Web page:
Nov 12, 2004 | Wiemer Archives


WE BELIEVE THAT THE BEST wine to have with Thanksgiving dinner is an American Cabernet Sauvignon with some age on it, It’s big enough to stand up to the heavier parts of the meal, but its tannins are relaxed enough not to overwhelm the lighter parts. Others believe that the best choice is Zinfandel, because it’s such an all-American gape. But both of these choices have one problem: They’re red, and some people prefer white wine. In the past we’ve recommended that those folks stick with the predinner sparkler, because a good bubbly will have the kind of fruity acidity that can stand up to a myriad of tastes on the table. But what about still white wine? What would be best? We conducted an experiment to find out.

Pairing wine and food is always a judgment call, as personal as wine itself. One of the world’s classic pairings, for instance, is foie graswith Sauternes. We love foie gras and we love Sauternes, but we don’t find they do much for each other. The perfect wine-food pairing is one in which the wine and the food make each other taste better. To us, Oregon Pinot Nair always tastes better with salmon, and vice versa.

To find out which white wines would be good with our Thanksgiving feast, we prepared our traditional dinner: roast turkey, bread stuffing, green beans, sweet potatoes with marshmallows and dinner rolls. We did this at some cost: Our daughters, Media and Zoe, both complained that having a faux Thanksgiving dinner in early fall would “ruin real Thanksgiving.”

We went with American white wines for this American holiday, naturally. We tried nine different white varietals that covered a range of tastes: Chardonnay, Chenin Blanc, Gewurztraminer, Pinot Blanc, Pinot Gris, Riesling. Sauvignon Blanc. Semi lIon and Viognier. In each case, we bought two

different wines of the same varietal that we’ve enjoyed in. the past and that represented different styles. Then we worked through the dinner and all of the wines. We warmed the food and prepared the same dinner the nex ‘ . retaste our favorites (and, yes, Media and Zoe were even more annoyed the second night).

These were all good wines-that’s why we chose them, But some weren’t up to this task. The slight sweetness of one of the Gewurztraminers and one of the Rieslings made for delightful aperitifs, but clashed dramatically with the food. The great minerality of the Vinum Cellars Chenin Blanc made the wine terrific on its own, and it was a good counterpoint to the dark meat, but in general it didn’t intersect with the other tastes on the table. The honeyed flavors of the Viognier didn’t cut it, either. “It’s like just one more taste on the table,” as Dottie put it, meaning that it was just too much, though it did do something nice to the turkey breast. The grassiness of the Sauvignon Blanc clashed with the tastes of the fresh-picked herbs that we used liberally in the dishes. “It’s head-to-head herbal,” Dottie complained. Other wines tasted fine with the food, especially the Pinet Blanc, but they didn’t engage the dishes’ flavors the way we wanted them to. The wine and food didn’t clash, but they didn’t make each other better, either.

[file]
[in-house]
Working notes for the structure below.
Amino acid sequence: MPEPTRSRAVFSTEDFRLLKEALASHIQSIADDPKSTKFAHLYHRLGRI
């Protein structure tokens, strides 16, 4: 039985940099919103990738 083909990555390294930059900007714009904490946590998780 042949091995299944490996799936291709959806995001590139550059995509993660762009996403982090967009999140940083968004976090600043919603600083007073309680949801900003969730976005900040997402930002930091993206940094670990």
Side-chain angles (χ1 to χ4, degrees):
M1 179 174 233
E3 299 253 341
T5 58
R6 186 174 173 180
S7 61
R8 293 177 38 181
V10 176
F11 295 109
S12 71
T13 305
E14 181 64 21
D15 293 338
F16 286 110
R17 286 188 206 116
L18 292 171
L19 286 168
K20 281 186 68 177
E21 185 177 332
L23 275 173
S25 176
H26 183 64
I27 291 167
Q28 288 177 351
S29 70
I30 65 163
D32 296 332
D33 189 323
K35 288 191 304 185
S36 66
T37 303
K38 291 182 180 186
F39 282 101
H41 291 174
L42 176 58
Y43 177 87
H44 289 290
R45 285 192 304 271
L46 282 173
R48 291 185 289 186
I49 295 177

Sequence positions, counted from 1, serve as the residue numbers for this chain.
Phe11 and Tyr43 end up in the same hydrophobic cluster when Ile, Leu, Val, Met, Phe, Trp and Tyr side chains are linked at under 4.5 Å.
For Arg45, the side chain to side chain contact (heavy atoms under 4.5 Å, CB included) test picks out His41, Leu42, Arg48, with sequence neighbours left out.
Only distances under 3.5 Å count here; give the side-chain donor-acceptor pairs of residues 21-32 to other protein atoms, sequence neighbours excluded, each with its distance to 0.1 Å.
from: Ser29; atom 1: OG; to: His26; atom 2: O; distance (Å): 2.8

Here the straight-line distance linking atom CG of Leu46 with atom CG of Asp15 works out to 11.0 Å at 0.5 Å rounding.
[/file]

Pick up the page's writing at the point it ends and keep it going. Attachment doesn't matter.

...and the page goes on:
Dress Whites: Hermann J. Wiemer Rieslings

The wine itself was so ripe, clean, fresh and vibrant that it made the food livelier. It lifted the food and made every bite more exciting. Its attractive tartness was a nice counterpoint to the musky earthiness of the meal.

We ended with three clear favorites, each a surprise in its own way:

Hermann J. Wiemer Dry Johannis­berg Riesling from New York (2003). About $15. Wine writers love to talk about how great Riesling tastes with all kinds of food. We don’t necessarily agree, though we love it with pork, but consider us converts in this case. The wine itself was so ripe, clean, fresh and vibrant that it made the food livelier. It lifted the food and made every bite more exciting. Its attractive tartness was a nice counterpoint to the musky earthiness of the meal. The floral-apple-spice tastes of the wine worked beautifully with the sage and other green herbs. We know that many people are skeptical of Riesling- they think of it as sweet and simple-but. as Dottie said, “If you served this, you’d have to buy lots of it.” It can be hard to find a dry American Riesling, but look around. Remember that Thanksgiving is a good time to celebrate the bounty of your own region. and many local wineries-especially in northern states, such as Michigan-make excellent dry Rieslings. Drop in and buy one.